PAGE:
Trudeau violated Conflict of Interest Act by visiting Aga Khan's private island, rules commissioner

Dec 20 2017, 6:15 pm

Justin Trudeau violated the Conflict of Interest Act when he and his family vacationed on the Aga Khan’s private island, the ethics commissioner has ruled.

Trudeau and his family vacationed on the island from December 26, 2016 to January 4, 2017, and accepted two previous trips to the island in December 2014 and March 2016.

The 49th hereditary spiritual leader of Shia Ismaili Muslims, His Highness the Aga Khan is the founder of the global Aga Khan Development Network, the Aga Khan Foundation Canada, and the Global Centre for Pluralism. In May 2010, under the Harper government, he became the fifth person to be granted honorary Canadian Citizenship, and also addressed the Canadian Parliament in February 2014.

According to the commissioner, he has a long-standing relationship with the Government of Canada, which has contributed nearly $330 million to Foundation projects since 1981.

Therefore, the vacations in the Bahamas were gifts under the conflict of interest regimes that Conflict of Interest and Ethics Commissioner Mary Dawson administers.

“When Mr. Trudeau, as Prime Minister, accepted the gifts of hospitality from the Aga Khan and the use of his private island in March and December 2016, there were ongoing official dealings with the Aga Khan, and the Aga Khan Foundation Canada was registered to lobby his office.

“Therefore, the vacations accepted by Mr. Trudeau or his family could reasonably be seen to have been given to influence Mr. Trudeau in his capacity as Prime Minister,” she said.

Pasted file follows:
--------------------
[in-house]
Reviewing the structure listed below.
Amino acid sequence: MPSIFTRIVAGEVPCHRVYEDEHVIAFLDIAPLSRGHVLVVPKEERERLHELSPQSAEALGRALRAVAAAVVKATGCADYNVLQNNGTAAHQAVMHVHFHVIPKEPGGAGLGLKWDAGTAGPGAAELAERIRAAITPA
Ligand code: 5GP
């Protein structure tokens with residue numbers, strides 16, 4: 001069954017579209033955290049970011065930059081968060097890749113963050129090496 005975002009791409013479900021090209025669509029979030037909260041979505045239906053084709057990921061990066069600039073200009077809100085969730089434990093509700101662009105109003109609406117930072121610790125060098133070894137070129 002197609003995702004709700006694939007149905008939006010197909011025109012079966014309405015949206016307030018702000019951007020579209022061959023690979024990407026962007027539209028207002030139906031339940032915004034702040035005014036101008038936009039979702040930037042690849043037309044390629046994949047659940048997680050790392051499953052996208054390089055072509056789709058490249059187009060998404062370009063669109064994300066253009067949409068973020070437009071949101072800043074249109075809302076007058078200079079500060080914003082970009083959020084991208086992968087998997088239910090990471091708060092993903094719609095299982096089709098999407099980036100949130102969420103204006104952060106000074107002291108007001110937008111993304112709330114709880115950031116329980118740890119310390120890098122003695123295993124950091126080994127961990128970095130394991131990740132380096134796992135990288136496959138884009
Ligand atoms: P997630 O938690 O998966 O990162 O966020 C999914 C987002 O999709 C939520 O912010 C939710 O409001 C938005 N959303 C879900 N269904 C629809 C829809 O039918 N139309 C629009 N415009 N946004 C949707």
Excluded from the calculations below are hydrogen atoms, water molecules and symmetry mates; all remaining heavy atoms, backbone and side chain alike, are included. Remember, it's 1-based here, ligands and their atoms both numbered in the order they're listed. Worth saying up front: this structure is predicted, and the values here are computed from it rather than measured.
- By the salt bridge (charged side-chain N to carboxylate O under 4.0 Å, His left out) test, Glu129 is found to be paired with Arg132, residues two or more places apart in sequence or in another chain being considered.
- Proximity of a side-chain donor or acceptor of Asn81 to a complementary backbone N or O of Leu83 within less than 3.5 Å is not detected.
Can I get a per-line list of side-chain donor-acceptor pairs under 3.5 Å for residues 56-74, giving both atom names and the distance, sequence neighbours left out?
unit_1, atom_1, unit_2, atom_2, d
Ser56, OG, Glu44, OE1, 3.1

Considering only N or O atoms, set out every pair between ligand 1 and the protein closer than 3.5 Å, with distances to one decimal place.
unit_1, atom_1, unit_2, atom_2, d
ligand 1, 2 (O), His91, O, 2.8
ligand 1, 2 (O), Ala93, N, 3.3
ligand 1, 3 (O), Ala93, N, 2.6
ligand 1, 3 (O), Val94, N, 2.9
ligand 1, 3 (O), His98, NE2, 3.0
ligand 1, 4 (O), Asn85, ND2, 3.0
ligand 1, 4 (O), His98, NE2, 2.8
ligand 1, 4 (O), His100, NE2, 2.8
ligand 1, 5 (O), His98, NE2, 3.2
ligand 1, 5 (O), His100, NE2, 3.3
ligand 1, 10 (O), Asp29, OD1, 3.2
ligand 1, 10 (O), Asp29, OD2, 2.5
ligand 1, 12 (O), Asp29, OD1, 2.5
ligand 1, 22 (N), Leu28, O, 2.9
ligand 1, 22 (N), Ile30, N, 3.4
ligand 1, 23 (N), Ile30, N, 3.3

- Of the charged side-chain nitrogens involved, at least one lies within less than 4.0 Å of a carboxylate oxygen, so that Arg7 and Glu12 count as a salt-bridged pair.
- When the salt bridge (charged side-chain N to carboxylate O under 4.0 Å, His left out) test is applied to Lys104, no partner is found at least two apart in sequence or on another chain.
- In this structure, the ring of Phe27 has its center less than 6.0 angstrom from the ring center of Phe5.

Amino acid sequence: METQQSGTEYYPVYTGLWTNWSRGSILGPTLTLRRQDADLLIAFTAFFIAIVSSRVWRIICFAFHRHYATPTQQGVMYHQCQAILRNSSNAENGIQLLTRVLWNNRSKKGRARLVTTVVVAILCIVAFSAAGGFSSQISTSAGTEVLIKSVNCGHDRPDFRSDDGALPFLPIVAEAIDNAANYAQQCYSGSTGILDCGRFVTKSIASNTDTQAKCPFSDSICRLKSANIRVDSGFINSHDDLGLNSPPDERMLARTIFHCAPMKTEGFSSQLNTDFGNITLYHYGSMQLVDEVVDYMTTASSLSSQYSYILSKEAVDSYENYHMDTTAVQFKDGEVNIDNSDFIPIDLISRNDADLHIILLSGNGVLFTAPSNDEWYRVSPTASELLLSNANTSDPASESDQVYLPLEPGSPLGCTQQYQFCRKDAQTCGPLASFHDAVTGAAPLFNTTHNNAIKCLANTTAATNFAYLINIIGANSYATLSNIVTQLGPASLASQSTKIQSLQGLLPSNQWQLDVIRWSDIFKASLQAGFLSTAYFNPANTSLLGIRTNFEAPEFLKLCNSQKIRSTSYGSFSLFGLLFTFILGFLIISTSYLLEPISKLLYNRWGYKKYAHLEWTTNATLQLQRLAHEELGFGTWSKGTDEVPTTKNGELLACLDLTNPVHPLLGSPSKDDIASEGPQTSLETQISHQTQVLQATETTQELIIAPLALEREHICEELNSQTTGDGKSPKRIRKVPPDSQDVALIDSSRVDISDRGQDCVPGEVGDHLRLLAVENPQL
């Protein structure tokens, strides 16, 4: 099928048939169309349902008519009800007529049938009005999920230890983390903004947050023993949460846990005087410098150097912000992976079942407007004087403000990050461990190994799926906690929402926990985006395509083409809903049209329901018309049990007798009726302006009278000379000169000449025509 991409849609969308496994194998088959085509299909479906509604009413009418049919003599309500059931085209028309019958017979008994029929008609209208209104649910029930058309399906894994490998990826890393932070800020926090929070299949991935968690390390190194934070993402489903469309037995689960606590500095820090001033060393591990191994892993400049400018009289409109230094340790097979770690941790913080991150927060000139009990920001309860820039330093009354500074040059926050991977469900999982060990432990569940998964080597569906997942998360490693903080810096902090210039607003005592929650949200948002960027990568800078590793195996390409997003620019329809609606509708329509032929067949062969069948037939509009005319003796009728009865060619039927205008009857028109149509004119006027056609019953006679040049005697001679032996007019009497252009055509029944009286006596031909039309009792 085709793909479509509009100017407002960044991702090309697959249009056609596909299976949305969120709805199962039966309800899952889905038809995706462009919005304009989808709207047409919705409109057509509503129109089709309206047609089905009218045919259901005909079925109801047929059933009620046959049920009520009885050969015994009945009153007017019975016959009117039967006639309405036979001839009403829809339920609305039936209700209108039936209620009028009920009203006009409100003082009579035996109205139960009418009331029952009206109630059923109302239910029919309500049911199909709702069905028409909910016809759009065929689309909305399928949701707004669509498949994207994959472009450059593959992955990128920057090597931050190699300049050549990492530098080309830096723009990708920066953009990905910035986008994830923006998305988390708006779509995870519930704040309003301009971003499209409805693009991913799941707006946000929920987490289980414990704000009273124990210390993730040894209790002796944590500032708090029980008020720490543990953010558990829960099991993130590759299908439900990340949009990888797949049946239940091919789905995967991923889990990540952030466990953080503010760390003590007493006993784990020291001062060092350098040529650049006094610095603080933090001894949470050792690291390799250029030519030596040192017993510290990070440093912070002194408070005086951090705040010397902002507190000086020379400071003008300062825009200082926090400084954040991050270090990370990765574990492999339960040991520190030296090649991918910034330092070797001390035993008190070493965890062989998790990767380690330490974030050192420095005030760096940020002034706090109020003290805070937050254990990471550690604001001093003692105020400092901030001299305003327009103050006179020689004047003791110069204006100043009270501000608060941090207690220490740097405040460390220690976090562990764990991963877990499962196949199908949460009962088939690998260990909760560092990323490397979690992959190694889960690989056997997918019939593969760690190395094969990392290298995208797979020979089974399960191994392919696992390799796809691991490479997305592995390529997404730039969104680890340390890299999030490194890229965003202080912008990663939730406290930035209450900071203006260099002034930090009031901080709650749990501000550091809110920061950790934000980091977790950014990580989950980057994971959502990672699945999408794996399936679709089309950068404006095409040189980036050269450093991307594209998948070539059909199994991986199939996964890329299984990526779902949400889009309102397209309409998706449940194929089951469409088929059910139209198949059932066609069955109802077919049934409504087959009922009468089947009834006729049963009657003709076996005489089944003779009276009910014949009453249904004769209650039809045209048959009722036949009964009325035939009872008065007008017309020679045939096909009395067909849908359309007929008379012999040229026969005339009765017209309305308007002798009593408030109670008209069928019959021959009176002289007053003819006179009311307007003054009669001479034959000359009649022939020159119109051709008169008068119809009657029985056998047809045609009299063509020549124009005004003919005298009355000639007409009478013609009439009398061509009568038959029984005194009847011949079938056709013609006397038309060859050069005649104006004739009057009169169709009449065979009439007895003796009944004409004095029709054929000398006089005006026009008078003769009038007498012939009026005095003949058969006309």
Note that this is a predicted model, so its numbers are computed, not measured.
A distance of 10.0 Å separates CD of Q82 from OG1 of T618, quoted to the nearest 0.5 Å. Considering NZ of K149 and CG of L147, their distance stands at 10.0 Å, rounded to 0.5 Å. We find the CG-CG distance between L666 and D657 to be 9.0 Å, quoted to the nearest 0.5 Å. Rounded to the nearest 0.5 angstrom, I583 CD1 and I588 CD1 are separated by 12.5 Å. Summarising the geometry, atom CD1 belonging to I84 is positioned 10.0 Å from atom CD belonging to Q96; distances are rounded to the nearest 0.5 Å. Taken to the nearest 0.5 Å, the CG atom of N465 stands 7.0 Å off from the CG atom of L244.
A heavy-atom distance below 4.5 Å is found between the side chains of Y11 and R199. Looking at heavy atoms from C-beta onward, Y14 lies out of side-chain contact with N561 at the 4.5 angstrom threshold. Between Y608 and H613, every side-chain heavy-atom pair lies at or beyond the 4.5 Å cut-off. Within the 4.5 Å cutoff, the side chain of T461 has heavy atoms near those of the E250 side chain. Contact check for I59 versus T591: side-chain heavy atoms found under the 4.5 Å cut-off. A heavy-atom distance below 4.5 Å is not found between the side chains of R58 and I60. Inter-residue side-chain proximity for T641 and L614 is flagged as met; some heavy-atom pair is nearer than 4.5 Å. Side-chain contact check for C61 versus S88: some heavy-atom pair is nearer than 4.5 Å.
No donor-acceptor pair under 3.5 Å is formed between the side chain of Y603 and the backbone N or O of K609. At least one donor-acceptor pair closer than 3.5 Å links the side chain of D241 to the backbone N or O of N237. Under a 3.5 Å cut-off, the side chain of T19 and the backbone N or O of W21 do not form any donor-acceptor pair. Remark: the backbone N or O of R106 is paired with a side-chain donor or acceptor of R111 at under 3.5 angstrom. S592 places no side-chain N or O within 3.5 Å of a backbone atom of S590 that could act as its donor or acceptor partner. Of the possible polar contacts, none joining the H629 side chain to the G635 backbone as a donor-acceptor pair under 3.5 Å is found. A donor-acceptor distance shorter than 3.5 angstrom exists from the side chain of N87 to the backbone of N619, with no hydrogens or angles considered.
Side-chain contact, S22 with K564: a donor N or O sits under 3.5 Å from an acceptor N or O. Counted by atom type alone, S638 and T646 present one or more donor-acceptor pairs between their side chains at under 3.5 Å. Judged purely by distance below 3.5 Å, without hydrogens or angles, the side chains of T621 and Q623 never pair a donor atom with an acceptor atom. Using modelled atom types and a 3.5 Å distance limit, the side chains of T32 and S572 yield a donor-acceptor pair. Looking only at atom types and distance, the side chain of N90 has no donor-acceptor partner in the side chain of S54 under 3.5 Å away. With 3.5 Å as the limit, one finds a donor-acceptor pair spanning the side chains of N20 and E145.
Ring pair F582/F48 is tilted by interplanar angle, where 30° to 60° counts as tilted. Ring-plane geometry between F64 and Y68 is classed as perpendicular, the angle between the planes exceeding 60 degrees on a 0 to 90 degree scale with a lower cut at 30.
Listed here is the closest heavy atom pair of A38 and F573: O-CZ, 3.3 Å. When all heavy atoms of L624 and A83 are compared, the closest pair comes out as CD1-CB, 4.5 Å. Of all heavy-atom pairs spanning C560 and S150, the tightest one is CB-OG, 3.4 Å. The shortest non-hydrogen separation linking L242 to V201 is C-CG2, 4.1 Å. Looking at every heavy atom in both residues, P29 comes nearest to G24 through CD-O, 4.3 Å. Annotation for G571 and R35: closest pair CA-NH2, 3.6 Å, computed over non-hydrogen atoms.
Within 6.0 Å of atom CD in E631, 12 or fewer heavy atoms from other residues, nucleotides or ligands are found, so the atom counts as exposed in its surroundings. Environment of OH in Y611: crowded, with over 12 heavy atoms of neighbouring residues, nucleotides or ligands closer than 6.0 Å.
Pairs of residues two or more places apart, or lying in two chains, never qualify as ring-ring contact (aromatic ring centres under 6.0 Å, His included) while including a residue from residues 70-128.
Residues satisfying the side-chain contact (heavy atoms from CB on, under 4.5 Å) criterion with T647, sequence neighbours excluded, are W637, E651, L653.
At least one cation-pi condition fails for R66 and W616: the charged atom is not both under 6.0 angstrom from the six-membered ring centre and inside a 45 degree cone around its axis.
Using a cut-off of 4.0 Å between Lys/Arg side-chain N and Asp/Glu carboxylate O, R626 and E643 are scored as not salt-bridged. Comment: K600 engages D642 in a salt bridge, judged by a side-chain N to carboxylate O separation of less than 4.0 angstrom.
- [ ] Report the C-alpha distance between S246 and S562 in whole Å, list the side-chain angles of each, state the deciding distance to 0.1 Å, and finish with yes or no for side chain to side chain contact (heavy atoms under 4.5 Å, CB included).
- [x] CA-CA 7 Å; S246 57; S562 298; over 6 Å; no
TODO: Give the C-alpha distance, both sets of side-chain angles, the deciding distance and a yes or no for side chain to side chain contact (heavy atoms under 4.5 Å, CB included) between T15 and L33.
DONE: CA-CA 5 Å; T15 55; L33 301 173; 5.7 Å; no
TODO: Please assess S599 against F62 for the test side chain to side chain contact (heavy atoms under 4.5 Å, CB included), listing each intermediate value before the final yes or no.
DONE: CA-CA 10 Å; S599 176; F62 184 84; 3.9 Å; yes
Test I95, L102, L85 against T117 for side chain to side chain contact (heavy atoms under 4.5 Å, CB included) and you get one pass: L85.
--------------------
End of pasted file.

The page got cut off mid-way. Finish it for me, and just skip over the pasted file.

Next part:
Trudeau ‘had no interactions’ with the Aga Khan for 30 years

There is an exception in the Conflict of Interest Act for gifts or other advantages from relatives and friends, but the Commissioner said this did not apply in this case.

Dawson ruled that Trudeau and the Aga Khan “cannot be characterized as friends within the meaning of the Act” and so did not merit exemption.

In her report, she states that Trudeau “had no personal or private interactions with the Aga Khan and his family between 1983 and April 2013, except for his father’s funeral in 2000, at which the Aga Khan was a pallbearer.

Reacting to the ruling on Wednesday, Trudeau said he respected the commissioner’s opinion, but did not agree with her findings on their friendship.

“I have always considered the Aga Khan to be a close family friend, which is why I didn’t clear this trip in the first place,” said Trudeau.

“For me it was an opportunity to visit a friend, have some family time.”

Trudeau said he had spoken to the Aga Khan at his father’s funeral and “a number of times” since he became an MP.

‘I take full responsibility for this mistake’

Regardless of the commissioner’s opinion of what constitutes a friend, Trudeau said he fully accepted her report.

“It’s important as we move forward that we learn from this mistake… I take full responsibility for this,” said Trudeau.

“I should have checked this in advance and in the future I certainly intend to do that… In the future, I will be clearing all my family vacations with the commissioner’s office.”

There will be no punishment for the violations of the Act. As well, Dawson cleared Trudeau of violating the Conflict of Interest Code for Members of the House of Commons.

Trudeau also said that he would have done things differently if he had his time over again.

“If I had to do things over, I would have done things differently and I would have spoken to the commissioner right from the outset,” said Trudeau.

“If she had told me not to do it, I would not have done it.”

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